Let’s begin by dispelling the myth of the perfect gentleman: he’s an actor. A gentleman is not his facade but the outflow of integrity within. He possesses convictions and stands by them. He is open to growth so he is willing to change. He is eager to learn because he expects to teach, eventually. He is not a checklist of opened doors, pulled chairs, shared coats, bouquets with hand written notes, or I-walk-on-the-side-of-the-street-closest-to-the-cars-to-protect-her mannerisms; that, my friend, is a romantic, the occasional. He is not the grand gesture, though he may indeed perform them. The gentleman is established in his everyday choices.
The desire at the heart of every man is for respect. We see various manifestations for its acquisition crop up historically through violence or vanity; control through conquest would seem to command it, right?. What he doesn’t realize is that it is produced through the very thing he constantly shirks: responsibility. The man who would sooner make recriminations than accept fault for his error has yet to exhibit manhood at all. Neither has the one who neglects to fulfill what his words (or his signature) have bound him to.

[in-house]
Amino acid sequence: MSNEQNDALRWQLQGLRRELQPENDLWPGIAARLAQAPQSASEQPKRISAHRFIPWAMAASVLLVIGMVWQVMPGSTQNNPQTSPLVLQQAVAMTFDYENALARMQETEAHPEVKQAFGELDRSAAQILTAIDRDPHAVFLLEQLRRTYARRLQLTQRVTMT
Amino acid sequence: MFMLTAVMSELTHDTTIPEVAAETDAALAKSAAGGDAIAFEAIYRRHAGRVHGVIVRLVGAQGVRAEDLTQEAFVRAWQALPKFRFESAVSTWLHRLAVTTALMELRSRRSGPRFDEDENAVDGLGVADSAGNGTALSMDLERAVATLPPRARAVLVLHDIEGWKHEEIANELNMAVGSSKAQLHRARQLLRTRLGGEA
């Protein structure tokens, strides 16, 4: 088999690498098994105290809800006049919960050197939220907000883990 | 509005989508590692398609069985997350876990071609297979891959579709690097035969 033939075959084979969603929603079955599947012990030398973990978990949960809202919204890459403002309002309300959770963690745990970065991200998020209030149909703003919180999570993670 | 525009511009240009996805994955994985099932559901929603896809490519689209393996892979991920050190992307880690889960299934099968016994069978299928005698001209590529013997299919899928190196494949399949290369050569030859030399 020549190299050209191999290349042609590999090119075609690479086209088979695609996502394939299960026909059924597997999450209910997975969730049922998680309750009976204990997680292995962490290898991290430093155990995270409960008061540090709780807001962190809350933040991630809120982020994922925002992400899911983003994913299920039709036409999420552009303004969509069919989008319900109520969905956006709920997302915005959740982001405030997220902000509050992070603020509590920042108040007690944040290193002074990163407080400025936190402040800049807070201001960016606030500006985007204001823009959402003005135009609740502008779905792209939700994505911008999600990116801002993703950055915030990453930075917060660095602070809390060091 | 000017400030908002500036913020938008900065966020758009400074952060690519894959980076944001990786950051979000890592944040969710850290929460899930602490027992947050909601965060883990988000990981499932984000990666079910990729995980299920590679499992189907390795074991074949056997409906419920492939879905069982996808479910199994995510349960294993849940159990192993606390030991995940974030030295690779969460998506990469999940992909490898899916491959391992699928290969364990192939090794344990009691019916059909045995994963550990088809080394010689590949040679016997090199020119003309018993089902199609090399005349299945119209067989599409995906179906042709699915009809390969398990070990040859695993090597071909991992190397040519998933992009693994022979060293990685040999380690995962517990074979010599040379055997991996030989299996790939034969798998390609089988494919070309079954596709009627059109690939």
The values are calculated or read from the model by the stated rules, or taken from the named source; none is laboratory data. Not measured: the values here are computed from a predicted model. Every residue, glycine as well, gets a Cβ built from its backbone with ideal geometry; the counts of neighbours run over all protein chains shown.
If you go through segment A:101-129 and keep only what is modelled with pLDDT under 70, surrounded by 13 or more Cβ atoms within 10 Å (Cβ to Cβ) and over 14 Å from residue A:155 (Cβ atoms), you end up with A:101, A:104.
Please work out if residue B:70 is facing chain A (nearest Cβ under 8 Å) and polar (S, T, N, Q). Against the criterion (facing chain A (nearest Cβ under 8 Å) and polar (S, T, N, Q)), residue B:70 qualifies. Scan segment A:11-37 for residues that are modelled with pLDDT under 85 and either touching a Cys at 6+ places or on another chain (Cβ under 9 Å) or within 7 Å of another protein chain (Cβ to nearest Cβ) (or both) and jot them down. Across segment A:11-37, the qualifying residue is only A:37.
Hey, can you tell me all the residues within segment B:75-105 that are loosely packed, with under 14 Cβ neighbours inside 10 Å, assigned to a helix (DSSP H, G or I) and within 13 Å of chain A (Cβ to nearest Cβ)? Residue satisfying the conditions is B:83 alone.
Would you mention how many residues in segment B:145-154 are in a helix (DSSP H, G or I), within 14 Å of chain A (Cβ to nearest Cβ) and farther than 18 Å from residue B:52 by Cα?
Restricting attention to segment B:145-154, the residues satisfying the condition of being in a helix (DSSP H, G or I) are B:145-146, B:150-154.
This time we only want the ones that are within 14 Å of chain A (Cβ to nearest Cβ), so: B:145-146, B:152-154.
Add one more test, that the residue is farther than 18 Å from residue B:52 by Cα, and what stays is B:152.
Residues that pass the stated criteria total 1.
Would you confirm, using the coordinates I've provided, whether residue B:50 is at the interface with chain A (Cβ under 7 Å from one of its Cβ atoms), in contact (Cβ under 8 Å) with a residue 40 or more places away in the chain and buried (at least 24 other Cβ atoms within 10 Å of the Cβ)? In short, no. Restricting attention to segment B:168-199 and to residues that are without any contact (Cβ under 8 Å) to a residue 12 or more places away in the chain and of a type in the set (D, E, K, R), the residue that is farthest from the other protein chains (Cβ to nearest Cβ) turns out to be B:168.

Marking the Symptoms
It starts with an honest look in the mirror. What are your intentions? Just to gain a skill set that makes you a more attractive individual? Behaving in a way that garners favorable regards? Or is it to be genuinely concerned with the welfare of others in your interactions? Enough to change your inner actions?
Submit to growth.
That is truly praiseworthy.